• Challenges facing the widespread adoption of ICT in SA that were highlighted, included: 1. The argument that using ICT to solve problems in any aspect of society will increase the “digital divide” i.e. the gap between those with access to technology and those without. 2. In addition, large, rural parts of SA are without a fixed line telephone network, which is the basic infrastructure of the Internet. Having said this however, SA has the most advanced communications infrastructure on the continent. 3. Another challenge to be overcome is the high cost of equipment, training and access. However, it was also shown that these costs can be reduced and often are not prohibitive. 4. Poor ICT literacy was another factor identified, and included not only healthcare professionals, but also support staff, who would be expected to use the technology. 5. Finally, a lack of technical skills in terms of hardware maintenance, was noted. However, this could be overcome within a short period with appropriate training.
  • In terms of the methodology used, the study design was a cross-sectional, descriptive survey, which was both quantitative and qualitative in nature, and was implemented in 6 of the 8 physiotherapy departments in SA. The sample included all undergraduate physiotherapy students at these 6 universities who completed and returned questionnaires. No exclusions were made. As no validated, reliable instrument was obtained, a self-developed questionnaire was used. A pilot study and focus group were used to refine the instrument in terms of improving validity and reliability. Methods implemented to maximise response rate included using stamped, self-addressed envelopes, cover letters and reminders, as well as offering an incentive to participate. Data were coded using the OpenOffice spreadsheet application and statistical analysis performed using SPSS. Ethical clearance to perform the study was obtained from the UWC Higher Degrees Committee, as well as permission from the head of each physiotherapy department that participated. Consent was implied by completing and returning the questionnaire and anonymity was ensured by not collecting personally identifiable data.
  • Looking at the results in terms of the demographics of the sample showed that, in terms of the response rate by university, UWC (in orange) and the US (in green) had the highest response rates. The response rate in total was almost 50% and, in general, we can see that physiotherapy is still a profession dominated by white females. In terms of age, almost 90% of respondents were aged 18-22 years, which was within the expectations of a normal age distribution for undergraduate students. It was also found that there was a strong association between the university a student attends and the racial demographic of that university, although some universities did have greater variation in terms of race and gender, than others.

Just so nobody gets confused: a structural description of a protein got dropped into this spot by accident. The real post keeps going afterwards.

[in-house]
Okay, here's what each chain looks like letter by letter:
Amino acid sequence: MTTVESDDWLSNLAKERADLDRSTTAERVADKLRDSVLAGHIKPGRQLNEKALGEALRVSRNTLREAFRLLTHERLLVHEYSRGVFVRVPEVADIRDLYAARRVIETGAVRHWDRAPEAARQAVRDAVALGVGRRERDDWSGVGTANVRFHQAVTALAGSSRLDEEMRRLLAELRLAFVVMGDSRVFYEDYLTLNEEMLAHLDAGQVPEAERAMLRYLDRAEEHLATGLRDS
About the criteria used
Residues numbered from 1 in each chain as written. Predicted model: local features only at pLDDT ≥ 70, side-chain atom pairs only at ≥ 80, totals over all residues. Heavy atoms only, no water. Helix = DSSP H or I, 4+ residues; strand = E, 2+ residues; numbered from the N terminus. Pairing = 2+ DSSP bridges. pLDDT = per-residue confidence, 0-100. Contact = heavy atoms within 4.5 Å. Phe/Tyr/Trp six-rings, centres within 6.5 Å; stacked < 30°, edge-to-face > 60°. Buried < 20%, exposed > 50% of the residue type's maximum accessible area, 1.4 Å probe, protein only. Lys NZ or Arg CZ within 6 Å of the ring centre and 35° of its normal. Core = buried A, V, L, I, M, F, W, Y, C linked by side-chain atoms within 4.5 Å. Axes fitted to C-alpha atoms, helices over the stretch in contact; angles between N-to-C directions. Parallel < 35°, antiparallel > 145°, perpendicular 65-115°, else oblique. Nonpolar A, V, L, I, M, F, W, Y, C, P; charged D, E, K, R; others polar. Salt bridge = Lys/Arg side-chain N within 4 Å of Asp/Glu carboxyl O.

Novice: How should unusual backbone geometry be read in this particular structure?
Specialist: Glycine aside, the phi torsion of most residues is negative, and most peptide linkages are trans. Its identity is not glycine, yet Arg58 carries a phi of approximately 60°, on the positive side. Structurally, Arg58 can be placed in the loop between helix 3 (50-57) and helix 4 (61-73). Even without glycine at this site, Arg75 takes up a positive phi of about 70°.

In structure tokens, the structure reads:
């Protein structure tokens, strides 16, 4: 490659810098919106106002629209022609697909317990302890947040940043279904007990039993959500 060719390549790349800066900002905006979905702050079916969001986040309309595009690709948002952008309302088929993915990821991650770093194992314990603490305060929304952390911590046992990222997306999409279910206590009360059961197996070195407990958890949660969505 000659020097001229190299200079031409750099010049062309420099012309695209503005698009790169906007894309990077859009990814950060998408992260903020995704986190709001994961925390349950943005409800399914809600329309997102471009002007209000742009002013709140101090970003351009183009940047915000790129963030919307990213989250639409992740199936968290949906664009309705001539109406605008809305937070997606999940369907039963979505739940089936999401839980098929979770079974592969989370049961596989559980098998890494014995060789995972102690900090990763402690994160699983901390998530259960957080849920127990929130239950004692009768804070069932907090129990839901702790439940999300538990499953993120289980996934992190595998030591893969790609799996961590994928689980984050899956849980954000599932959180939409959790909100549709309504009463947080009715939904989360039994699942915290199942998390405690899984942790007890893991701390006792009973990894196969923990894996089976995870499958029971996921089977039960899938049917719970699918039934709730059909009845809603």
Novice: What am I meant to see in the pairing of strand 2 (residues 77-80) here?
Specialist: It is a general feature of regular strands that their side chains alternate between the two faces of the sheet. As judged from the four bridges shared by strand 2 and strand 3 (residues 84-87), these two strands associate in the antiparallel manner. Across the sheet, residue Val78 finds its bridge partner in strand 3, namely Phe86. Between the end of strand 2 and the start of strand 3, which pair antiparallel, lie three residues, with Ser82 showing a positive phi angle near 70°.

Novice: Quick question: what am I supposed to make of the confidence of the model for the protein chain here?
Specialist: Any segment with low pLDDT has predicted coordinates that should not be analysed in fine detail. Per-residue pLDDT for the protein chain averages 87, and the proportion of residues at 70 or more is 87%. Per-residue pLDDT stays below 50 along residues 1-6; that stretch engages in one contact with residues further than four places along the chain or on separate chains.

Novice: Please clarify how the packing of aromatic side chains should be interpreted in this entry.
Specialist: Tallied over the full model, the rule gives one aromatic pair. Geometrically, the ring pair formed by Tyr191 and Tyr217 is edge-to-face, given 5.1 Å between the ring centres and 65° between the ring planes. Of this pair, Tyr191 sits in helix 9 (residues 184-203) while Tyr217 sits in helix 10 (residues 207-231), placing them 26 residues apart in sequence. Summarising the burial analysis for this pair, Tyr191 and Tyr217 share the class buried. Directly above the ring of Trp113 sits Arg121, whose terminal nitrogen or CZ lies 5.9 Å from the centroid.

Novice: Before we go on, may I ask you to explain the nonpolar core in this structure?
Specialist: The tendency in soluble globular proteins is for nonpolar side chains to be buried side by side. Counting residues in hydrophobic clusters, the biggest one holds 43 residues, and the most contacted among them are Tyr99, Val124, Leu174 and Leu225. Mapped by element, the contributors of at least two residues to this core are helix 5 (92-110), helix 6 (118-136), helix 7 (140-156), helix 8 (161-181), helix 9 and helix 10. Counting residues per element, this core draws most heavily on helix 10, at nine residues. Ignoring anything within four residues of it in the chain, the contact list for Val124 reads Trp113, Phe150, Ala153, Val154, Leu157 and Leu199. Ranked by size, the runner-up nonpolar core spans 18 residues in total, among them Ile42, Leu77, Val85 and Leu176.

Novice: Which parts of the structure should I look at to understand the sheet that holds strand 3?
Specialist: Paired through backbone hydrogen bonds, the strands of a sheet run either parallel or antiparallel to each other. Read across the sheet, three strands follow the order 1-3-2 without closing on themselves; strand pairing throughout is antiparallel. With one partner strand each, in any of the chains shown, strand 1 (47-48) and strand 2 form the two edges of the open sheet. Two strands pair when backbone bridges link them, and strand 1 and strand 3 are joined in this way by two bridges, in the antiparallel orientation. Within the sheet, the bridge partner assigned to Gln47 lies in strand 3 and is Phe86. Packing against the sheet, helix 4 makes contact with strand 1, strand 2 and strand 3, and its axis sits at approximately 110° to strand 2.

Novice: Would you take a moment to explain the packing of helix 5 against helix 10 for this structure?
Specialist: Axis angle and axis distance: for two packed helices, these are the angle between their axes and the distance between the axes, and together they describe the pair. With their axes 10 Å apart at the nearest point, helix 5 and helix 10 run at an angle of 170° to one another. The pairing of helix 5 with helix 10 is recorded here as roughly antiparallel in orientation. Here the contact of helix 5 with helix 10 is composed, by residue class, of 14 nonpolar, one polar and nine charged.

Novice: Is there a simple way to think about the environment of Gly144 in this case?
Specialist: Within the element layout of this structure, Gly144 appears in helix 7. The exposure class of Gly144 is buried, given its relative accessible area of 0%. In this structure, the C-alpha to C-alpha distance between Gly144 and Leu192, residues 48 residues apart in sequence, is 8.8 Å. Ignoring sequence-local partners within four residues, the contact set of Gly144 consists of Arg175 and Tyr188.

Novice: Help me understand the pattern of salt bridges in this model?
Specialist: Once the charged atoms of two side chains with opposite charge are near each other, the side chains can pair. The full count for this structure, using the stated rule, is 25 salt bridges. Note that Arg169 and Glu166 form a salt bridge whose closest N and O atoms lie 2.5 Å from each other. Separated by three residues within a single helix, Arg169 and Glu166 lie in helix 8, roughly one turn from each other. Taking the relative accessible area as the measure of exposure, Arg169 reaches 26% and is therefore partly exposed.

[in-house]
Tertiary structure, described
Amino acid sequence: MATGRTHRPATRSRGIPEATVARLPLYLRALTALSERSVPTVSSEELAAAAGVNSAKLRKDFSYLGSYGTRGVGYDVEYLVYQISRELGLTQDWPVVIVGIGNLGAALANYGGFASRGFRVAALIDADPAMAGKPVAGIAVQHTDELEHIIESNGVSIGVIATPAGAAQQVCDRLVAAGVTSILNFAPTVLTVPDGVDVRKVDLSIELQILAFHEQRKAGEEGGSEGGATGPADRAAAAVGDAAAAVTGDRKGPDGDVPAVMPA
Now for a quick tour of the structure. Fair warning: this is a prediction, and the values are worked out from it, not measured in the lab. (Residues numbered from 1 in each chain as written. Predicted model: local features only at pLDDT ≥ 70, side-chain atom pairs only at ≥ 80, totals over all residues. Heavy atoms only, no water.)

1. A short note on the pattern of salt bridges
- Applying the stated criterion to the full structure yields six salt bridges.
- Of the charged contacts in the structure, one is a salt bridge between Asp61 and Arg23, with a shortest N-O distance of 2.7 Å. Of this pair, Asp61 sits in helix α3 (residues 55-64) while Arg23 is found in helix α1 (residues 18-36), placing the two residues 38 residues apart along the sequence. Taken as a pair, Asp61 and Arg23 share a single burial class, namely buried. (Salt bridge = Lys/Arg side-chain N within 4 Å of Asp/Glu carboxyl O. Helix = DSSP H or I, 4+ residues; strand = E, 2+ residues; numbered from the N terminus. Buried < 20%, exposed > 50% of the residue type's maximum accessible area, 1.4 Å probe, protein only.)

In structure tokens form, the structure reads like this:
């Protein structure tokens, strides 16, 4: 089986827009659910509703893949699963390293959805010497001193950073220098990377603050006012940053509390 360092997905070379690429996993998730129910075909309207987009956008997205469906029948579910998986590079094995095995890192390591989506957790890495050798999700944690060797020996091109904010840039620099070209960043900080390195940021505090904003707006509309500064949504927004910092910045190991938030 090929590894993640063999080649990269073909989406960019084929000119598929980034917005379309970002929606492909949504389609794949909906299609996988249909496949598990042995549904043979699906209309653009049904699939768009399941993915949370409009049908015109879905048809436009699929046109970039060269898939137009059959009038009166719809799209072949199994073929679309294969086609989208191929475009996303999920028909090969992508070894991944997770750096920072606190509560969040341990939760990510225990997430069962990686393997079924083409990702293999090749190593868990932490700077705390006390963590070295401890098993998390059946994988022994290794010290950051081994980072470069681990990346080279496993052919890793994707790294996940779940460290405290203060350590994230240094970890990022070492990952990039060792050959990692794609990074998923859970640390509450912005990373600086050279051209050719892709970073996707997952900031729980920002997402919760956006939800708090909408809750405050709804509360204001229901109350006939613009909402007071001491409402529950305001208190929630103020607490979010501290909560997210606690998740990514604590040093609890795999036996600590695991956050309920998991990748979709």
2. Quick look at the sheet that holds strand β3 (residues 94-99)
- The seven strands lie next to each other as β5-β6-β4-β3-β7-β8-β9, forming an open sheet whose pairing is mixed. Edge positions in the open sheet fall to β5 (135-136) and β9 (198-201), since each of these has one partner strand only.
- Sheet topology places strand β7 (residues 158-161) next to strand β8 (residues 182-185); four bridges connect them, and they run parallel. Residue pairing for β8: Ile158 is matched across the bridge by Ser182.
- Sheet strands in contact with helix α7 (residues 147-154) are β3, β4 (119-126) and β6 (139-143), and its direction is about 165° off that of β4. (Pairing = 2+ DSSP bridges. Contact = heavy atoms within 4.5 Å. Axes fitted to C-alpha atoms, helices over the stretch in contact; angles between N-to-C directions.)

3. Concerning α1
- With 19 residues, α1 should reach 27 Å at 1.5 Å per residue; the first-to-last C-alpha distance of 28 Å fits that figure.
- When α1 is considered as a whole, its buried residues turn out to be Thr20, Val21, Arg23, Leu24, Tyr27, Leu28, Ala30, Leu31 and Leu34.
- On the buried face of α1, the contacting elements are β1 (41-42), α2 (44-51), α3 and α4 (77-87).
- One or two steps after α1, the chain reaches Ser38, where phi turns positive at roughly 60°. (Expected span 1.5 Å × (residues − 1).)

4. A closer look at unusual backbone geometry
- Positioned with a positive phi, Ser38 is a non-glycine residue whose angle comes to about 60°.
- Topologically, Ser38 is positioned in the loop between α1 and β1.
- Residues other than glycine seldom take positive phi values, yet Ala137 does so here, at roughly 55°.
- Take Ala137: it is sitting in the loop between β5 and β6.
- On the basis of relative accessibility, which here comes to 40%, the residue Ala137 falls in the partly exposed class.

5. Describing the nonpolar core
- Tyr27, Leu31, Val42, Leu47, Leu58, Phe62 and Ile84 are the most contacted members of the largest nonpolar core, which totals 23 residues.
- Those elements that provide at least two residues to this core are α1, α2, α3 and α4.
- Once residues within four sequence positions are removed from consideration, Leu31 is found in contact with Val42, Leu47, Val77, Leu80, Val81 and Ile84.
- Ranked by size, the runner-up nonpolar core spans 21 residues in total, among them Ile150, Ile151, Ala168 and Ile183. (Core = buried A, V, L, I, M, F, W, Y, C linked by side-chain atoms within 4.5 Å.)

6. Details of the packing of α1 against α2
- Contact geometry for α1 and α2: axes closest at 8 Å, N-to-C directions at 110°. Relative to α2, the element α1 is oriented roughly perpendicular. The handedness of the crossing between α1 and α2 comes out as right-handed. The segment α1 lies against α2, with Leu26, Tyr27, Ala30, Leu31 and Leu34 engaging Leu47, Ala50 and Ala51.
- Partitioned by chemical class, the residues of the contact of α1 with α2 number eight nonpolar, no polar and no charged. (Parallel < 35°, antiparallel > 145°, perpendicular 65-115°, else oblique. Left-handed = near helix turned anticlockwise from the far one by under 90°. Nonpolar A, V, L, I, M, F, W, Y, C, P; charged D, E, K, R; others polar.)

• The results obtained in terms of the use of ICT at the various universities showed that, while all students had access to ICT on campus, not all were aware of it. In terms of the frequency of use, approximately 40% of students use ICT daily on campus, while 35% more use it at least weekly. The results obtained indicated a strong association between the university attended and the activites performed online by those students. In other words, students at some universities were more confident and used ICT more frequently than at others. High levels of confidence were reported among respondents for tasks such as email, word processing, online search and printing. However, low levels of confidence were reported for tasks such as using ICT for professional development, research, and online forum discussion. This was illustrated by the fact that only 23% of students used ICT to seek advice or guidance, and only 43% used it for academic development.
  • Finally, the results pertaining to students' experiences and perceptions using ICT for support revealed that students who had had access to ICT at home and high school were more likely to use ICT at university, or at home for course-related work. A strong association was identified between race and ICT access in various settings. Results showed that Black and Indian students had the least access to ICT prior to attending university, while White students had had more. In addition, it was found that students were more likely to seek support from those most suited to provide it. In other words, they would obtain clinical and educational support more often from lecturers and supervisors, while obtaining emotional and social support from friends and family. Face-to-face contact was identified as having accounted for more than 90% of the method by which students obtained support, in contrast with only 25% using email for this purpose. Finally, most students reported being satisfied with the level of support they were receiving while at university.
  • When discussing these results in the light of the literature, the following key points should be highlighted. Most students view ICT as a means of accessing information, rather than obtaining support. In fact, the least common use of ICT by students was to seek support or guidance. This is in contrast with the literature, which identified ICT as offering a significant advantage in this regard. Even though ICT was shown consistently throughout the literature to enhance communication, SA physiotherapy students fail to use it in this way, at least in terms of their studies. This, despite the fact that 87% of students believed that ICT would make communication easier, as well as reporting a high level of confidence in the use of email to communicate. In terms of the support systems available, both the preferred method and those providing it may be appropriate at undergraduate level, but are unlikely to be present in the work environment. Students are also unlikely to approach their peers for support, which has implications when functioning as part of a MDT. With the move towards EBP in healthcare, it is of significant concern that research was highlighted as the area in which more than a third of students were least confident.